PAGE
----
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Atlanta Constitution Newspaper Archive: December 7, 1890 - Page 6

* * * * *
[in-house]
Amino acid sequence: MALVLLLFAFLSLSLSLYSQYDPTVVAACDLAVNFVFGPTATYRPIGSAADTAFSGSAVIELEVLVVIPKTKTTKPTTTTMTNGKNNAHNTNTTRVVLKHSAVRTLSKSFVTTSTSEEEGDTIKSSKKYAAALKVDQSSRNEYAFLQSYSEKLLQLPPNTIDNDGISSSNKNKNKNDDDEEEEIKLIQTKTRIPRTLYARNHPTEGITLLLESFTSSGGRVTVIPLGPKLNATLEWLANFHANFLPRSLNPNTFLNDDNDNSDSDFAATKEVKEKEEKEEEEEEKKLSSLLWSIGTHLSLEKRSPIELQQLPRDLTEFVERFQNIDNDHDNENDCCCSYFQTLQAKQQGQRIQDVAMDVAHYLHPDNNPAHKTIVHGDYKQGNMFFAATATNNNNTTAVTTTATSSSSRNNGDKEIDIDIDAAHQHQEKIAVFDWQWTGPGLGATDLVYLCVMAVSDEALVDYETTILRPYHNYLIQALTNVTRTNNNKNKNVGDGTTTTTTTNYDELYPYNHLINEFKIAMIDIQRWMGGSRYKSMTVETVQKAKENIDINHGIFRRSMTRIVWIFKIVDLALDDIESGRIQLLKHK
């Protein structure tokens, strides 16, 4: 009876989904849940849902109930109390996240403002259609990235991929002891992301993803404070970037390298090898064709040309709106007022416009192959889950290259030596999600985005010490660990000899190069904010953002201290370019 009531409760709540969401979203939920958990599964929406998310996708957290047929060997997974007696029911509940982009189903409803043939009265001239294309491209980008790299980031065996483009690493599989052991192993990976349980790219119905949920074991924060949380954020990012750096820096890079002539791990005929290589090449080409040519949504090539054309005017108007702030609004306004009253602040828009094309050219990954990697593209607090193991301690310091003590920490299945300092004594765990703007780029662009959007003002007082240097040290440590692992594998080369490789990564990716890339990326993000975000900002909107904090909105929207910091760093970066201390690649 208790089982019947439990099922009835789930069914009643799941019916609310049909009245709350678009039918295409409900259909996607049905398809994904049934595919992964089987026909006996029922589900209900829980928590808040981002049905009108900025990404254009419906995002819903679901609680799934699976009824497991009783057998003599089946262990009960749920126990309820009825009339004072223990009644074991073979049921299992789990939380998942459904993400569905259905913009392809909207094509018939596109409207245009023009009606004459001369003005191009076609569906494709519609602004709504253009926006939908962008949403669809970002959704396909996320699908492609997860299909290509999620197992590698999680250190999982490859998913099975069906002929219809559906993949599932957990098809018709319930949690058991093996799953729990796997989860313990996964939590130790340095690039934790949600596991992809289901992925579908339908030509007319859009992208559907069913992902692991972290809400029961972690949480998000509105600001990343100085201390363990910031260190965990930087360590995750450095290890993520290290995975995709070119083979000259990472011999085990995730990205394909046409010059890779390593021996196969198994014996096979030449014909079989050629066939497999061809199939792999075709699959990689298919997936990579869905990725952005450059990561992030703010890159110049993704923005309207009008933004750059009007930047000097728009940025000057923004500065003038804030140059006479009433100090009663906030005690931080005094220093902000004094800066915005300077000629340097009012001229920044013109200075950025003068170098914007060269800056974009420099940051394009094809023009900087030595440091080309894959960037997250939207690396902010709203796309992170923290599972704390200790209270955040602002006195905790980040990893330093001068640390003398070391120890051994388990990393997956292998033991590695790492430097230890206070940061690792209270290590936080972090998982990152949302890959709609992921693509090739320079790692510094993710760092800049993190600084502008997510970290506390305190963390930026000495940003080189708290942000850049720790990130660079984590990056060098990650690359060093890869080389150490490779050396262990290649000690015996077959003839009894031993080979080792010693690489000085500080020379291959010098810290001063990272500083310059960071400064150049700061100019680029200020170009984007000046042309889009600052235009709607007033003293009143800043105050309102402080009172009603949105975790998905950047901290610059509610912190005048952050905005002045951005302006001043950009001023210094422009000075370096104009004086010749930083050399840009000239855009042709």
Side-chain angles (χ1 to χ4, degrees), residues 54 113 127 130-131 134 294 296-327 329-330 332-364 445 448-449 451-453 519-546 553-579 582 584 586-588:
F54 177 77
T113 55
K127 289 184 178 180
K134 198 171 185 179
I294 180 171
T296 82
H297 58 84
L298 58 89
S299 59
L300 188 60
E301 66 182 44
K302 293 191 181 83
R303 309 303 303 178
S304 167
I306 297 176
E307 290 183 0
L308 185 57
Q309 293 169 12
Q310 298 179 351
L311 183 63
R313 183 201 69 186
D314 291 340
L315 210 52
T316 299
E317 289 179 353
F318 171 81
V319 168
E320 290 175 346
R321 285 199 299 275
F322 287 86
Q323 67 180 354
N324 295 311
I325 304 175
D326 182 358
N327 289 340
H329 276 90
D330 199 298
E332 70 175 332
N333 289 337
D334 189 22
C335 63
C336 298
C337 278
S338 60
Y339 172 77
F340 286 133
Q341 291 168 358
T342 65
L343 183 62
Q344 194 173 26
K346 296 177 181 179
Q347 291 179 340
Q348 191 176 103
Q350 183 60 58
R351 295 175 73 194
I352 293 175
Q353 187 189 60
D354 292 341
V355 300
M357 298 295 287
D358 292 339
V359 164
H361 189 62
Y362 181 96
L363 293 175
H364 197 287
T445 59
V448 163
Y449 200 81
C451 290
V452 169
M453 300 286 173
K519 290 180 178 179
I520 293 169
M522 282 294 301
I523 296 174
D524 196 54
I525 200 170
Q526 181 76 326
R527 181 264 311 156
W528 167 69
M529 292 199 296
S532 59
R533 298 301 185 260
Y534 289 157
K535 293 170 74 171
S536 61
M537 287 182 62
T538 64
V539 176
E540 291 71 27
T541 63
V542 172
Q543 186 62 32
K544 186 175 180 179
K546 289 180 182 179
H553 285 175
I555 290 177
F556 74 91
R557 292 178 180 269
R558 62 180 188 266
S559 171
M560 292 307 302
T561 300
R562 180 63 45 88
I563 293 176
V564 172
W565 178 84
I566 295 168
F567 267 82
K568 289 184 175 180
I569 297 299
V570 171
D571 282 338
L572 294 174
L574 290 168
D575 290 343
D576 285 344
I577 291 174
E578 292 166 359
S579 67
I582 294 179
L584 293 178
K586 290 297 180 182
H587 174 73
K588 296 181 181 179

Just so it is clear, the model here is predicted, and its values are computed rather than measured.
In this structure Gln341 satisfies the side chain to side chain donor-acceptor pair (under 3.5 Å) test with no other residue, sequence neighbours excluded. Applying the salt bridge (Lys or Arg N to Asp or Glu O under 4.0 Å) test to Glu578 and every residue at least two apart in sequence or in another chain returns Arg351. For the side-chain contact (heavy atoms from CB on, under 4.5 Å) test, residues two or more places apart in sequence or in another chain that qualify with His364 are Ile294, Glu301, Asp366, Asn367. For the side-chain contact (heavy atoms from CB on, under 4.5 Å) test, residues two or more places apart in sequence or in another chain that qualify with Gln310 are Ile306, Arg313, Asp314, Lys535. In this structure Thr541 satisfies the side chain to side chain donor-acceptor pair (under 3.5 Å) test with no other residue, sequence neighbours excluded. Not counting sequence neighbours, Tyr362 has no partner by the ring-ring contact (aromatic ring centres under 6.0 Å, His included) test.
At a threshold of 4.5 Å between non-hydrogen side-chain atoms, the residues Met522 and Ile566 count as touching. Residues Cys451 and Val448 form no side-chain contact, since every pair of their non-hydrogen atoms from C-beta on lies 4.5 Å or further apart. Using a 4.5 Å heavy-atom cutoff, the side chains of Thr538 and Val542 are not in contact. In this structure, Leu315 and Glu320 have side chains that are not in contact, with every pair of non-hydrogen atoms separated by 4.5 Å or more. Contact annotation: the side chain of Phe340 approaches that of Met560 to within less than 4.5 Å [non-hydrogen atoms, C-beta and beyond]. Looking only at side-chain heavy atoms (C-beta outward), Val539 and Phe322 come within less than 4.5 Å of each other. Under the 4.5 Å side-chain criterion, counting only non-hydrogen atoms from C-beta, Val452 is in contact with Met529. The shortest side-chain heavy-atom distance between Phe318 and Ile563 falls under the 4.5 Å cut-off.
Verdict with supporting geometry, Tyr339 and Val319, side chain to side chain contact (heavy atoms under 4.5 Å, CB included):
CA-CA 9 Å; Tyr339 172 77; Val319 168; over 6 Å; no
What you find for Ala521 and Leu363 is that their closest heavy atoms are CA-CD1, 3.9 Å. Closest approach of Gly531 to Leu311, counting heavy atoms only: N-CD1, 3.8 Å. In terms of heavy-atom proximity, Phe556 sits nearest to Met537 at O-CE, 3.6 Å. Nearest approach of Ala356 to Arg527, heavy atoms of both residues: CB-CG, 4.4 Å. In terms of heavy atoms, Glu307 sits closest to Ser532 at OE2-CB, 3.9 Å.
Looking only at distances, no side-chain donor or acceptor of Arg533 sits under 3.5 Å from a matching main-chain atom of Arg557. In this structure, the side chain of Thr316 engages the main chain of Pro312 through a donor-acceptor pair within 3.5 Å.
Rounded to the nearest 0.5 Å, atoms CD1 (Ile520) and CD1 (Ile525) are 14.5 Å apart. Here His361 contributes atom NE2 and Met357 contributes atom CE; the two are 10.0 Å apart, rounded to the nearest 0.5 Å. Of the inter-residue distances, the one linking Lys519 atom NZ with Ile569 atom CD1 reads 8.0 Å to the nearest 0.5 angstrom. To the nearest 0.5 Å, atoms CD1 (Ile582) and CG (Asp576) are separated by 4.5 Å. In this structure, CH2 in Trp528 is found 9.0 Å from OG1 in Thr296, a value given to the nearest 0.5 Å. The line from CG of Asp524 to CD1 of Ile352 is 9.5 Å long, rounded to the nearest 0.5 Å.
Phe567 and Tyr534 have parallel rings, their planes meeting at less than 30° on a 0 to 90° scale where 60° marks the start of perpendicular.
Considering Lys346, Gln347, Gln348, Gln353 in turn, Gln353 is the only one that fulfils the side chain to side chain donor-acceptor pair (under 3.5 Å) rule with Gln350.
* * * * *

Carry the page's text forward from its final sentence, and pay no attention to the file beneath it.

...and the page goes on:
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   Atlanta Constitution, The (Newspaper) - December 7, 1890, Atlanta, Georgia                               ATLANTA. DECliMBEK 189Q. OF THE GREAT CLEARANCE SALE' 1866 THE LARGEST AND OLDEST HOUSE SOUTH. 18! CHAMBERLIN, JOHNSON CO.. IMPORTERS AND DEALERS IN DRY GOODS, CARPETS, FURNITURE, SHOEs 51- We will close the year s work with an inventory ol stock. Our purchases for the fall and winter being unusually large, we are make prices to reduce the immense quantity of goods on hand. HOW CAN THIS BE DONE IN TWO WEEKS? A few rifled well aimed at the trade will explain how we can clear out thousands of dollars each day. We know of but one plan to force our ex- it M known we carry nothing but first-class goods, PKICES MUST DO THE WORK. Come early and take choice. Every in tne store is lull ol new and stylish goods that must be sold. Some of the goods will so of nr carry them over, of Price or cost> as we can't V ----7 FURS, CLOAKS, JACKETS, will pay you to come to Atlanta Jto see these goods. Never in the history of i! wTf aY V r ?nd of kind to clear completely out. GENTS' AND LADS' ALL WOW limit on a lot of these goods. First come, first served. Ui A J DRiESS AND SHORT LENGTHS.-A11 can make their claims in this department. Come early Prices made to make a clean sweep of every remnant, short length, and odds and ends in the house. f A i a __ _j_ j n men wi se A -MADE These will not only interest housekeepers, but we have been selling quantities of them to i Coquette or Wilton Rug. These Rugs are maoefrom remits S closed without reserve Everybody can have anice Rug; value of goods no object. ODD LOTS IN We have, we think, the cleanest and by far the finest Shoe stock in the southern cTn rTed' leaves broke" ol REMEM TWO WFFKS "tS Ty before taking as K as _ _____ everything possible to lacilitate taking our annual inventory to close .uc ,ciw a CHAMBERLIN, JOHNSON CO. 66 and 68 Whitehall and 1. 3, 5, 7, 9, 11, 13 and 15 Hunter Street, Atlanta, Ga. THOSE COLLEGE BOYS CJ.PEBS TBEI CUT Ilf XJ3IT TOBK Bets Bill Arp to Thinking About the Modern Way of Teat-lime the Youth of the Topics. I was ruminating over those college boys, S69 Yale college boys on a lark in New York painting the town red, booting, howling and yelling in the hotels and saloons and in the streets like a lot of escaped lunatics, running over the police and the people, and making everybody get out of their way. It must have been an awful time, according to the news- papers, and I had a letter from a friend who lives there, and he says that nothing like it ever seen in pandemonium. As a Dutch- man said to me, "It was a wiot, a wow, a And it was all because they had beaten the Princeton boys at a game of foot- ball. Good gracious, what a glorious victory what a grand success, what a magnificent and herpic deed. They actually beat the other fellows lucking a ball, and it took 3G9 drunks to complete the victory. Last year there was a shameful riot at Harvard, and a hotel burned up. What is the matter with the northern boys and the northern colleges. We don't have any such carousements down south. I know there are none such in Georgia. Our college boys don't have any time to run off 600 miles to kick a hall. Our Oxford boys don't dare to gofortv miles to Atlanta unless it ia with a special per- mit tohave iheir photographs taken as a class some Saturday morning, and thoy have to 0.0 Back on the evening train. I would like to peruse Dr. Boggs's countenance if the Athens boys were to as6 for a week's recess to go some- and kick a ball. What kind of educa- tion are these Yale boys maybe they Have just joined the gymnastic department and nothing else. Alter they have gotten their diplomas I would like to ask them a few ques- tions in mathematics. I would like to know if forty boys can kick an eight-inch ball 200 hundred yards In forty minutes, on a basis ten drinks to the boy, how many drinks will U take to enable fifty boys to kick a seven-inch T? i thir'y minutes. If ball kicking is to be their business thoy ought to know how to do that sum. Heaven helps us when these boys are to take onr places. The whole north seems to be tainted with this same liberty of thin eo as ou leas y when man is to the college his boys must be. under no restraint Vai Harvard had a year in bequests for the last ten years. Mavbe some of the boys are doing well and makine good nse of their time, but I wonldent risk a toy of mine there. I -arouident risk s. boy or girl at any Institution north of EhiladelAifc They are too free and too fast. TBM. I believe in my heart that the south -will liavo to save this government from a wreck; and that duty wm be npon he? before the end of the century. The moralitv and conservatism of the southern peotS? right now the safeguard, of tho naMonV The bad men, tho proihgato uis.1 the lawless will soon outnumber the good, honest, SwlwdTng people of the north. I overheard a good-look- ing, finely dresaed New York youth SaTto Mr Hughes, on the cars: "I don't like yourtown of Atlanta a man has to walk S a dnnk it >wf ul tiresome. I liveon ThSd 6 ta "ad there ar are over 300 on that avenue. Whena wants a drink there is a him on tho line." w nere have you been, Jones 1" said I to JeUow-cMKea. .Said he: "I have been down _ i ehcapsr than I could have done else Mine peculiar and a Job, required skilful hands. did it, wid they did it wen I h them thank them. And 3 and take heed to suggestions that it has Been a pleasure to me to visit the institution I wish that I had a hoy to send there." And then I thought about the girls' indus- trial school that we are building at Milledge- yille. and how quickly it will be filled when it is nnished, and how, before many years, those working girls will be mating with those work- ing boys, and what an independent team it will make in flghtine tho battle of life: what a contrast to the ball kickers and the dudes and butterflies that infest our cities and do nothing bnt pay calls and receive calls, and read novels in bed, and get up to breakfast at 10 o'clock, and change their apparel three or four times a day. I have but little patience witn these college girls who skim through and read a composition that somebody else wrote, and carry homo a painting that tlie teacher painted, and then begin to circulate and visit their when they are not on the go, their classmates are on the here they go and there they go, and it all costs money, and the old folks get no good, and no help, and no comfort from either the coming or going, and when it is too late they realize that sending tbe daughter to a fashionable col- lege was a sad mistake. It has not made thorn bad or strong minded, but they are just no account, that's all. I say it deliberately, and from long observation, that if a girl is sent away from home to college, and stays there two or three years, nine out of ten will be no acconnt when they come home. They may be good scholars, and even smart in "chemistry and geometry and astronomy, but her business in life is not to use the blowpipe, nor measure the earth, nor the stars. When the college is at borne, and the girl lives at home and helns her mother, and does some housework every day. a college ia a good thing for her, but work must be mixed with study, or the girl or the boy will be no account. Of course, the ;irl will come homo accomplished, and will inow how to stand up and sit down, and walk around gracefully, and how to smile, and sing, and recline, and languish, and all ;hat, but she is not going to cut and it and make a dress for little Sally nor help Bob with his arithmetic. Worse than all, some sentimental society editor of a newspaper will mention her as the charming and lovely Miss Euphronia, and that will almost make a fool of her. Mayhap she will visit Atlanta or Macon or Augusta and the society editor will note her arrival and use adjectives upon hi SOME PEN PICTTJBES Of THE MOST PSOMIlfENT ttEXB- ODZST Wlio Are Now In Attendance on the North. Georgia Conference in Washington. ILives anfl WASHINGTON, Ga., December Just thirty-three years ago, the old Georgia conference met in this handsome town, Bishop Paine presiding. Since that date tbe old con- ference has been divided into two bands.known respectively as the North and South Georgia conferences. The former body is again in ses- sion at this place, Bishop It. K. Hargrove oc- cupying the episcopal chair. Last Wednesday morning as the town clock struck the hour of 9, the bishop, with true Methodistic punctu- ality rapped the conference to order. Tbe opening exercises were deeply impressive, es- pecially the conference singing, which had the old-time touch of power and pathos, rarely heard outside of an annual conference. When Secretary Baxter had nnished the roll call, the sad fact was revealed to tho older members that not exceeding a score of the "old guard" responded. There is here a theme for moral- izing, but we forbear. Many of the details of tbe minute business of the conference have already appeared in the columns of THE CON- STITUTION we therefore restrict this specia correspondence to some glances at the per sonel of this important body of clerica and lay delegates, representing a constituenc of eighty odd thousand communicants. Bishop Hargrove, who is quite naturally the most striking figure of the conference, is a native of Alabama and a graduate of the uni versity of that state. After serving for twenty years on prominent stations and districts, lie was elected to the episcopacy in 1832. He afterwards or dainecl in connection with Alpheus W. Wil- son, of Maryland: J. C. Cranberry, ginia, and Linus Parker, of Loulsian: in every town and village and hamlet, and if the state can't provide all tho money the coun- ties ought to supplement it with a county tax The country will never be able to cope with the towns until her people have more and oetter schools. Every year the country loses some more of their best citizens. Just as soon as a farmer is able to move to town he moves The wife and the daughters bring a pressure for society and schools and churches. Ton years ago I lived in a good naborhood five miles from town. One by one my nabors left me, Mr. Dobbins and tho Aubreys, and Freeman and the Bufords, and Mr. Cot- Keever, and Montgomery and Goodson and Flemnung and Johnson, and last of all Mr. MuDford and Mr. Benfro. Our twelve families are all in town now, and we came mainly for schools and churches. White ten- ants and negroes have taken onr places and of course the farms will be ran down to some extent. There -will be no social gatherings and no farmers' clubs, and good schools witii trained teachers. the endree church, From that period of Vir- .------------ina. That ------------------w--------. great bluegrass orator, Bishon elegant, graceful, fawn-like, sylph-like, brill- preached tho ordination sermon in iant, exquisite, beautiful and divine. Bight McK reachers are not always the best conference vorkers. Dr. Eustace W. Speer rarely made a ten-minute speech on the conference floor xcept by some sort of compulsion and yet in his prime he had few equals in the -rralpit. Dr. W. P. Harrison, a very prodigy f learning, was never a conference talker men who shape the business of the con- erence and influence its deliberations are men f affairs. They are not of necessity self-as- ertlve, bnt they mnst needs be aelf-poised. Some of them, like Unclo Billy IParfcs care very little for the niceties of grammar or tlie graces of oratory. They seldom attempt to soar above the level or reach of the common mind. Like Thoirtaa Gradgnad, of Dickem fame, ther an gnat (ttcklan for and are loaded to muxzle "ttabbom thine-" taMiu- few of then leaden ia Horth William D. Ajxtenm prKtn.Mrl tbe-on at UM Bttttt but I will undertake to say that if you would fiftd an orator be sure you take a man that has A broad month. Candler, hardly less than Clay or Toombs. has that mark in the superlative degree. What a gush or cab bnt horse sense put into the bem Emrlish that Chaucer wrote in hm Canterbury Tales, and Addisou packed into the successive numbers of the Tattler and Spectator. How sad to think that either a refractory liver or overwrought nerves have sorely impaired his health at a time when the church and the college greatly need his wisest and utmost en- deavors! Don't prod or press him at this juncture. Let him have sound sleep, not less than seven would be oetter. Give him Norfolk oysters or mutton chops, washed down with a little sherry or milder stimulant for "his stomach's- supple- mented with moderate outdoor exercise. By this or some similar method you may restore him to bis wonted vigor and bring back his former volume of utterance. Somebody has hinted that if the proposed college endowment should jump to a round the patient would be cured. This is sentiment, but is it sound sense 1 We trow not. Sach a growth of the endowment would be helpful, but the case is not one of hypochondria. Three months' vacation, with an ocean voyage, would be a wiser prescription. Habersham J. Adams, a university student and then a lawyer, has for many vears shown hiinscif greatly useful in all depart- ments of ministerial work. On some of the heaviest districts he has manifested a high orderol administrative ability. When in his prime he and the lamented James E. Ev- ans were the most vigilant and untiring pas- tors I hare met in nearly forty years of expe- rience _ and observation. This matter of preaching from noose to house, which Paul practicedat is fallen into disrepute m some charges and with some preachers. But for the example of a few like Jarrell, Bybum, Seals, Bowdcn, Kobson, King and others, amongst the younger men, who are fol- lowing in the footsteps of the fathers, this form of service wonM soon be numbered with tin' MTtt" of tlin Mothodilt ministry. In thfl conference room, and .ndort] during the enure conference aewlon. Brother never tnhmglv pe man. be has tbe watches clow ttrm fat verr believed right and proper to be front a majority that would overwhelm! feebler convictions and weaker nems. 1 has done tho conference excellentssrnctii time to time by speaking right and measures, when it would have bttn agreeable to mere flesh and blood to jtatL _ unpleasantduty. Lctitnot be inferred thtttal is something harsh in tiie good man. He is noted for his manner in social intercoarse with all MrMtf conditions of men. W. F. Cook is of about the same sge it 1 ministry with H. J. Adams. He is a of Emory college, in tho class of 1" and has filled very acceptably of the largest stations and districts in tto" ference. He seems delicate in his i structure, but has a voice eqnal to the fl_ of a camp meetinceongrejration. on occasion with fluency and force on ference floor, but I have noted that H it UI grown in years, he has become more I We have heard that Milledgeville conference, pronooneM speech on the report of the cation as tho best delivered on occasion. Dr. Cook is one of the t belles letters scholars of the conference, writer ho is highly esteemed. In tbs Ing elder's office he has few equakir. connection. He has .served several termini 13 feneral conference, and bis orethren 1 oubtless again call him to honorable position. Like TimotfoTf was blessed -nith a pious ancestry: "aU" 1 Samuel, was called early into the serria I the sanctuary. Clement A. Evans deserves to a conference leader, as shown by the li he has sometimes polled for a place ut I general conference delegation. True, he seldom occupies tbe confers floor, and only w hon he is impelled by cor j Vlctions of duty. His judgment (5 nigW? 1 spected by his brethren. In the 1 of the business affairs of the church he I quently consulted, and as an adnier rarely at fault. For quite a number of he wao a popular and efficient pastor gusta, Atlanta, Athens and in oilier leMUl communities. More recently his shattered health, sultofsomcM ounds received at Seten and Mpnocacy. has, m some measure, ified him for heavy ministerial -work. _ a few months past he Tinq recovered hi- strength, and is qmtc sure to be some prominent position. The church afford to spare a workman of bis spieoaw and graces. Evans, alike in the on the battlefield, was a jewel of General Phil Cook has recently Evans is the only great soldier he ever that would not at times do a little carsinf. AH through the war he held fat Christian or preach, as the Not from lack ot material, bat from jjcin spaper space -u o all special to other distinguished conference leaders. -'shop Haygood, before f UbkUL ililU came connexional officers, were nent in the doings of the body. A sion to such lay delegates as Hon. 1- wether, Colonel W. H. Pilcher, W. K. Hammond, tho Christian I Judge W. W. Turner, of Law latter zentlcman is not present at tl but is expected before the close of aii Judge T., like the late duel Jackson, and the not tinguished T. K. E. Cobb, is a oat Such examples as tlie. strata the possibility of preacnujcj outside the clerical vestments of i surplice." in all its bearings, but ire are dined to sympathize with the pwm tions of Moses, theHebrewllawgirer: to God that all the Lord's prophets." There breathes in ,j __iptoyed, employed. eonnf by the me.Bdlnci.nd very Itttl. In advocacy of what the clinrrJi will lie cursed and cranVisni A ntimberof the an lurk Harwell and Wa'tcr Milibv t'.ie.r confrere to btaw the Tbese ftrr "wailing, oiil] Mular'i la rSPAPER?